SACRAMENTO, CA: Based on complaints that Dr. Candelaria was providing anesthesia in her husband's office without the requisite training, the Medical Board opened an investigation. The investigation uncovered an instance in which allegedly “Dr. Candelaria was administering anesthesia (believed to be Demerol) intravenously to a patient in the operating room while simultaneously administering the drug to herself via an additional intravenous line. According to a medical assistant assisting in the procedure, Dr. Candelaria lost consciousness in the operating room.”
An arrest warrant was issued and a Medical Board investigator followed Dr. Candelaria to work, where she was observed "driving erratically often exceeding the speed [limit]." When Dr. Candelaria arrived at work, she was arrested by the DEA.
Even though she had been scheduled to provide sedation to several patients that day, Dr. Candelaria told the DEA that she was too heavily medicated to answer their questions.
At her home, the DEA found controlled substances, as well as syringes and needles that were taken from the medical clinic. They also found injectable vials of Valium, Benadryl, Fentanyl, and Demerol. Dr. Candelaria later admitted that she didn't have a prescription for any of these medications.
A consultant to the Medical Board found that there was a "significant likelihood that [Dr. Candelaria] may use one or more of these drugs when responsible for patient care — when optimal clear-headedness and judgment are required." Saying that "physicians who use and abuse substances pose a danger to themselves, their patients, and those around them," the consultant said that Dr. Candelaria's behavior would "place patients at unwarranted risk of harm."
Among other findings, the Medical Board found that Dr. Candelaria was guilty of repeated negligent acts, unprofessional conduct, and of "practicing medicine while under the influence of drugs to such an extent as to impair her ability to practice medicine with safety to her patients and the public." Even so, Dr. Candelaria's medical license has not yet been revoked.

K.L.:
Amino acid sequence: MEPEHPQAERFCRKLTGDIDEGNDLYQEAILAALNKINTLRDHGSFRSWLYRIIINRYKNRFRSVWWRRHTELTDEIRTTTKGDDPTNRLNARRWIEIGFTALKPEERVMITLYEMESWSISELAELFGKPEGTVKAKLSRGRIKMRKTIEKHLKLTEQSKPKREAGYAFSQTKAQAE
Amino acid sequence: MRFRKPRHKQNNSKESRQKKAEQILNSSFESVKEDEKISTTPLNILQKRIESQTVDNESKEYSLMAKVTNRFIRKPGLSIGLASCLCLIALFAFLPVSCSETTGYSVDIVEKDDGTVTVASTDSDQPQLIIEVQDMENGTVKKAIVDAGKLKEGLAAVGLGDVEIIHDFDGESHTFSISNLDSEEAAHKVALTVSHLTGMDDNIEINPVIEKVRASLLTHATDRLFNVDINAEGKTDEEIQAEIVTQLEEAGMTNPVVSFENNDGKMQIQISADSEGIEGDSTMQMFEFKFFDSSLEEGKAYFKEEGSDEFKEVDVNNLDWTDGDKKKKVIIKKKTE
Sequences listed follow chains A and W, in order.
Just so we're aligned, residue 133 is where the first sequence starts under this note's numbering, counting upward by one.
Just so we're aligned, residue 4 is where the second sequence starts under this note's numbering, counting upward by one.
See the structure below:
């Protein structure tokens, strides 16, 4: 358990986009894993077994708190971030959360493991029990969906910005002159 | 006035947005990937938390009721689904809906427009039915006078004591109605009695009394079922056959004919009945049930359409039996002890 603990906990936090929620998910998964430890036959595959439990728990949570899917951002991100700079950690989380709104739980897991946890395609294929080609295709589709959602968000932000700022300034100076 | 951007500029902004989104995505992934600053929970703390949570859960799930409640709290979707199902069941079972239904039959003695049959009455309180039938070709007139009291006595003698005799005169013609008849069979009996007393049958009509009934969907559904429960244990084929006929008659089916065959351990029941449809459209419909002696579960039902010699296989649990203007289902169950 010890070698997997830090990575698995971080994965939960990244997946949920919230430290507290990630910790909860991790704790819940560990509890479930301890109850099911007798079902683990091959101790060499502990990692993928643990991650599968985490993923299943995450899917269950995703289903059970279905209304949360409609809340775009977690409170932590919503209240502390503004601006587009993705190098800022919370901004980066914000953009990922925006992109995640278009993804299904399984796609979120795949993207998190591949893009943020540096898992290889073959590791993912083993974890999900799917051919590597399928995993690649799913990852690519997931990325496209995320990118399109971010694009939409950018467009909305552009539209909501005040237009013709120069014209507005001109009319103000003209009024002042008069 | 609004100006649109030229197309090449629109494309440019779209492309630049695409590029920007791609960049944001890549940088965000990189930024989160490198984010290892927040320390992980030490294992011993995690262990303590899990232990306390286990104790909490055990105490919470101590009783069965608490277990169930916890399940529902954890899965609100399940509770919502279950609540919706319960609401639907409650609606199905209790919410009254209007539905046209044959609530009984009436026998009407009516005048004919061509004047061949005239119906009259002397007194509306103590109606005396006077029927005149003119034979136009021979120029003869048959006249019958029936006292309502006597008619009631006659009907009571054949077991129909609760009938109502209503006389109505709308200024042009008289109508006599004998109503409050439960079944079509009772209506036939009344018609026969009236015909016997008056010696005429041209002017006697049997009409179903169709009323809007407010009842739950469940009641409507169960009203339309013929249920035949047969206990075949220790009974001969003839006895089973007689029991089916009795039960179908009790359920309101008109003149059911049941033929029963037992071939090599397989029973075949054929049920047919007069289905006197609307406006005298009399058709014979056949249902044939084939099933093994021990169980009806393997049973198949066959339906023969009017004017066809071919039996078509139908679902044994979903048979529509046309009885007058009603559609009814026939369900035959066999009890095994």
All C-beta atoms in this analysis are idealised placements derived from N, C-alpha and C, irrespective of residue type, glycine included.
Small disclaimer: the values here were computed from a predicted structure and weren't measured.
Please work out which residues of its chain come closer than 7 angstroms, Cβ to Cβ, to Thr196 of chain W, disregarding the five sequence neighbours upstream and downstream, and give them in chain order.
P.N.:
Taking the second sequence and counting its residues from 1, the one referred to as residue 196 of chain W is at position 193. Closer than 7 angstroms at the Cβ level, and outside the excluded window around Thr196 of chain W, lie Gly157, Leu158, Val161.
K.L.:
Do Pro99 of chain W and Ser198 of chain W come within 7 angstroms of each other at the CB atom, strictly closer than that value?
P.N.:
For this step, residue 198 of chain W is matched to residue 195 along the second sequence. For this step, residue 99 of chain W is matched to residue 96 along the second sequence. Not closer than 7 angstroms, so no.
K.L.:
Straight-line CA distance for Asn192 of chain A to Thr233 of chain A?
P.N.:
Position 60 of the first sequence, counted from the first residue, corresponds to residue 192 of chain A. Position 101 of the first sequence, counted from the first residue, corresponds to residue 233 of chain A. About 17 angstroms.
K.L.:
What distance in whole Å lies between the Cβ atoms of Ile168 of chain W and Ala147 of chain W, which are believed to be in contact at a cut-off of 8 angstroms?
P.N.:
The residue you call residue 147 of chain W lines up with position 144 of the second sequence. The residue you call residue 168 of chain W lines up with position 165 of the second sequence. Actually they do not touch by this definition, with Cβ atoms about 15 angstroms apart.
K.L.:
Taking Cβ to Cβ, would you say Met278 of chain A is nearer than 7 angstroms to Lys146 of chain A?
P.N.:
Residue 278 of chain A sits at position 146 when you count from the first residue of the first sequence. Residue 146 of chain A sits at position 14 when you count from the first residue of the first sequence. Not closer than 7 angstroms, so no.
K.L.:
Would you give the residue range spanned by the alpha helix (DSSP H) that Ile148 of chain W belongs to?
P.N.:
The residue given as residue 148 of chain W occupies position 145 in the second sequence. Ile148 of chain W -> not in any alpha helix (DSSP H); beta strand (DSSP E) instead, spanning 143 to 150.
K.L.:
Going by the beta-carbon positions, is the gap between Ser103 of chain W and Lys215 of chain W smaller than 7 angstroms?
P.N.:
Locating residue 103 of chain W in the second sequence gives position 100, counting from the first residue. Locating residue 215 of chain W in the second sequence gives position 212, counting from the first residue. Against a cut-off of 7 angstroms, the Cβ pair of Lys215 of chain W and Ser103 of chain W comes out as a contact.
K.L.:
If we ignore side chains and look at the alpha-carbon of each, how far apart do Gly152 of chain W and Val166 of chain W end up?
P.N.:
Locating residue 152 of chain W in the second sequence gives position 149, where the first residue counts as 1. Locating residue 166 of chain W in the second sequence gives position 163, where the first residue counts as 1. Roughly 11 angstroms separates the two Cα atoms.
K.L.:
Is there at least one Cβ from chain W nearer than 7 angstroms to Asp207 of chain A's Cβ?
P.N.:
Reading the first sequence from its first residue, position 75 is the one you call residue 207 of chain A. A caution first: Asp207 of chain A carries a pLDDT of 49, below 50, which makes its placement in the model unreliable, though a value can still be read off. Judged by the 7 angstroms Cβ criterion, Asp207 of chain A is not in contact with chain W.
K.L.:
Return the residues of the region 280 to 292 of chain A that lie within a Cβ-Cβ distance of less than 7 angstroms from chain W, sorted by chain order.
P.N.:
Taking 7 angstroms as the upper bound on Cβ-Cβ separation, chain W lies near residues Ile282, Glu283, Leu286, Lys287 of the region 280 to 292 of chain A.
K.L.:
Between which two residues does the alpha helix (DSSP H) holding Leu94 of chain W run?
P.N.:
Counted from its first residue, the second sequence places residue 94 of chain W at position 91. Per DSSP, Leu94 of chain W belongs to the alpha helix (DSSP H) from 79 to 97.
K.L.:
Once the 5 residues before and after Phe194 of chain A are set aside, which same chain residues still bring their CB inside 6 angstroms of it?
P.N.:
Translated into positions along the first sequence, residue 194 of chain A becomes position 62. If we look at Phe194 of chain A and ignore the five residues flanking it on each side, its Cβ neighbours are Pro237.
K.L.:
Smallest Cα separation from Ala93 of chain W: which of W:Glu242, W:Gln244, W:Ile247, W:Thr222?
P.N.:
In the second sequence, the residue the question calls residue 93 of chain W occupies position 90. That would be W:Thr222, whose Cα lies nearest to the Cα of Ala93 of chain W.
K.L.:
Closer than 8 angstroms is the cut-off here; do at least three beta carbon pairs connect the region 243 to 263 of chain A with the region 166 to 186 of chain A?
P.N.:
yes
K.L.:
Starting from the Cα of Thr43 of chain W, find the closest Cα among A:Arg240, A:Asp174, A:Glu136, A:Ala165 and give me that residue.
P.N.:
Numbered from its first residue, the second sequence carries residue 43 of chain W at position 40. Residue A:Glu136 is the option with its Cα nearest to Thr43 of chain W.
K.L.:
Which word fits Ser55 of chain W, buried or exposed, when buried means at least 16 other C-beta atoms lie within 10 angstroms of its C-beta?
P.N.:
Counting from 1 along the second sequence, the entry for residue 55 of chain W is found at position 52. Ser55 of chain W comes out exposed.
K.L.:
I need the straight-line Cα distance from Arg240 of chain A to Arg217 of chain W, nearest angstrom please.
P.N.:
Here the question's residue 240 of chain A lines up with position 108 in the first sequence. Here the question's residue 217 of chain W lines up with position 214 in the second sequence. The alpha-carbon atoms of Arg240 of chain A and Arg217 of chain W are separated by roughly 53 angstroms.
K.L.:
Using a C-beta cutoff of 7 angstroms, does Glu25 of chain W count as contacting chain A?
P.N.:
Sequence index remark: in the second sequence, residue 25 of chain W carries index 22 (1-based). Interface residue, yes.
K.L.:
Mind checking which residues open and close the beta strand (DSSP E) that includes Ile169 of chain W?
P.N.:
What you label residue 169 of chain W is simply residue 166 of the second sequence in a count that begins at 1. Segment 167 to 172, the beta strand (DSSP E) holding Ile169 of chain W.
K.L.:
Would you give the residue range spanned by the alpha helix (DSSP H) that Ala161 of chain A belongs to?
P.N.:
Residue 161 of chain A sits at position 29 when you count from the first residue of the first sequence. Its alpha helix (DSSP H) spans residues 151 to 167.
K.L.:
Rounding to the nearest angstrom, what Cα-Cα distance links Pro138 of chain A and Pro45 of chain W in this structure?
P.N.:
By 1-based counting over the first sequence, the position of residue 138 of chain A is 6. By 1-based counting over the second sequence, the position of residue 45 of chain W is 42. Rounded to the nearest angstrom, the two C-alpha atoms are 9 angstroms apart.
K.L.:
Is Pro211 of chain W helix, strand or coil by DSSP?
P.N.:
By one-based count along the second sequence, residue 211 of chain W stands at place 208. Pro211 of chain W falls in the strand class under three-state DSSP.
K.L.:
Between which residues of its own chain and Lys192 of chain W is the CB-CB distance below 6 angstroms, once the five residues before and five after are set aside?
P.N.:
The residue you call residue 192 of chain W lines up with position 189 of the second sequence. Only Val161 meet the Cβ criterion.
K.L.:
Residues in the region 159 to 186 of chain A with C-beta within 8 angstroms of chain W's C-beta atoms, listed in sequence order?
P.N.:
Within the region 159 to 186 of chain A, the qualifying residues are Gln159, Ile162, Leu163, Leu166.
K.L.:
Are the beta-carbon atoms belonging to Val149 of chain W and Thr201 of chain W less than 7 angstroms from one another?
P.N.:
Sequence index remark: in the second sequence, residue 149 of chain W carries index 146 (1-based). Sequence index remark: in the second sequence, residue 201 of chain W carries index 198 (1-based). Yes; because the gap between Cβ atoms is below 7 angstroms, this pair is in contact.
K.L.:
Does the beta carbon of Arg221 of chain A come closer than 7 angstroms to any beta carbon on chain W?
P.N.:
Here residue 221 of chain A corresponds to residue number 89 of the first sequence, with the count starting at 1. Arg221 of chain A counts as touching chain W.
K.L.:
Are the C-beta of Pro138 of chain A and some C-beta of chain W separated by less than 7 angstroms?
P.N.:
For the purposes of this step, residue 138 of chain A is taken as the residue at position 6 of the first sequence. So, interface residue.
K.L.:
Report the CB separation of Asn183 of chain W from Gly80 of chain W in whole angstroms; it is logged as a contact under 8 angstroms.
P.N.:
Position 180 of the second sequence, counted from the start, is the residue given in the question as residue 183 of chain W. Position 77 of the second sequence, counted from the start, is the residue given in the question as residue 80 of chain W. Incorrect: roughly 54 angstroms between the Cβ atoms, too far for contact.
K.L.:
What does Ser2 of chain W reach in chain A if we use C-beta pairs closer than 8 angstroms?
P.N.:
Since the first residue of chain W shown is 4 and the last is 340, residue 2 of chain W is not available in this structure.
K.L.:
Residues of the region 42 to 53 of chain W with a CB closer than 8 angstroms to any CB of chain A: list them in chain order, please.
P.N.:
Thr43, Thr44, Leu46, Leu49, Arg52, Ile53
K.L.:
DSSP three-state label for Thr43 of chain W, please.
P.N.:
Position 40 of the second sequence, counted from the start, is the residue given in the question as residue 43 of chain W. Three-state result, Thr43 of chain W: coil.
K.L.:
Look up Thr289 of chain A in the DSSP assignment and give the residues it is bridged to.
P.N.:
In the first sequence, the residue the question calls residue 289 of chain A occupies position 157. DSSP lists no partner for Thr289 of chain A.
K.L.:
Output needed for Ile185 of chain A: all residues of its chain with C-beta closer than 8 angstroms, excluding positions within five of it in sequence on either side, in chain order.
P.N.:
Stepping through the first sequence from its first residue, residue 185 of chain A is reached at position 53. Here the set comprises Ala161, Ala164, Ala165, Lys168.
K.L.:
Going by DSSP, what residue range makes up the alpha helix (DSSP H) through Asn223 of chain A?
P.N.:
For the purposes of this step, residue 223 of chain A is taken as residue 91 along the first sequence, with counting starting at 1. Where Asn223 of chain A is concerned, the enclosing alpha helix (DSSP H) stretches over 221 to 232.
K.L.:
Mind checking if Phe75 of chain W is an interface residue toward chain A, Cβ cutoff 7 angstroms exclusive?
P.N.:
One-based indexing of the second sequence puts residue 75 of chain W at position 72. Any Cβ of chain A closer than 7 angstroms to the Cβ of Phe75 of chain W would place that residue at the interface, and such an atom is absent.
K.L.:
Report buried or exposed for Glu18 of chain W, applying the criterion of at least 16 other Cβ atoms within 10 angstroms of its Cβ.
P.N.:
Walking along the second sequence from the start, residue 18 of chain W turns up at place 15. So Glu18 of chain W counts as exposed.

Proposition 46, the Troy and Alana Pack Patient Safety Act, will enact the first law in the nation to require random drug and alcohol tests of physicians in hospitals, modeled after the Federal Aviation Administration testing program that has successfully reduced substance abuse by pilots. Doctors found to be impaired on the job will have their license suspended. If Prop 46 had been in effect, Dr. Candelaria's alleged addiction could have been detected, possibly preventing patient injuries in the process.
Hall of Shame: Insurance Companies Backing No on 46
Cooperative of American Physicians $10,161,489.04
The Doctors Company $10,000,000.00
NorCal Mutual Insurance Company $10,000,000.00
Kaiser Foundation Health Plan $5,000,000.00
Medical Insurance Exchange of California $5,000,000.00
The Dentists Insurance Company $1,620,000.00
The Mutual Risk Retention Group $1,000,000.00
All Insurers: $42,781,489.04
Insurance companies have spent nearly $43 million dollars to oppose Prop 46 in order to shield dangerous doctors like Dr. Candelaria from punishment, at the expense of patient safety, in order to protect their already substantial profits. In total, the opposition to Prop 46 has over $57 million dollars in their warchest, outspending consumer and patient safety advocates who support Prop 46 nearly 10:1.
Learn more about Proposition 46 and the campaign for patient safety at: www.yeson46.org
Paid for by Yes on Prop. 46, Your Neighbors for Patient Safety, a Coalition of Consumer Attorneys and Patient Safety Advocates – major funding by Consumer Attorneys of California Issues and Initiative Defense Political Action Committees and Kabateck, Brown, Kellner, LLP.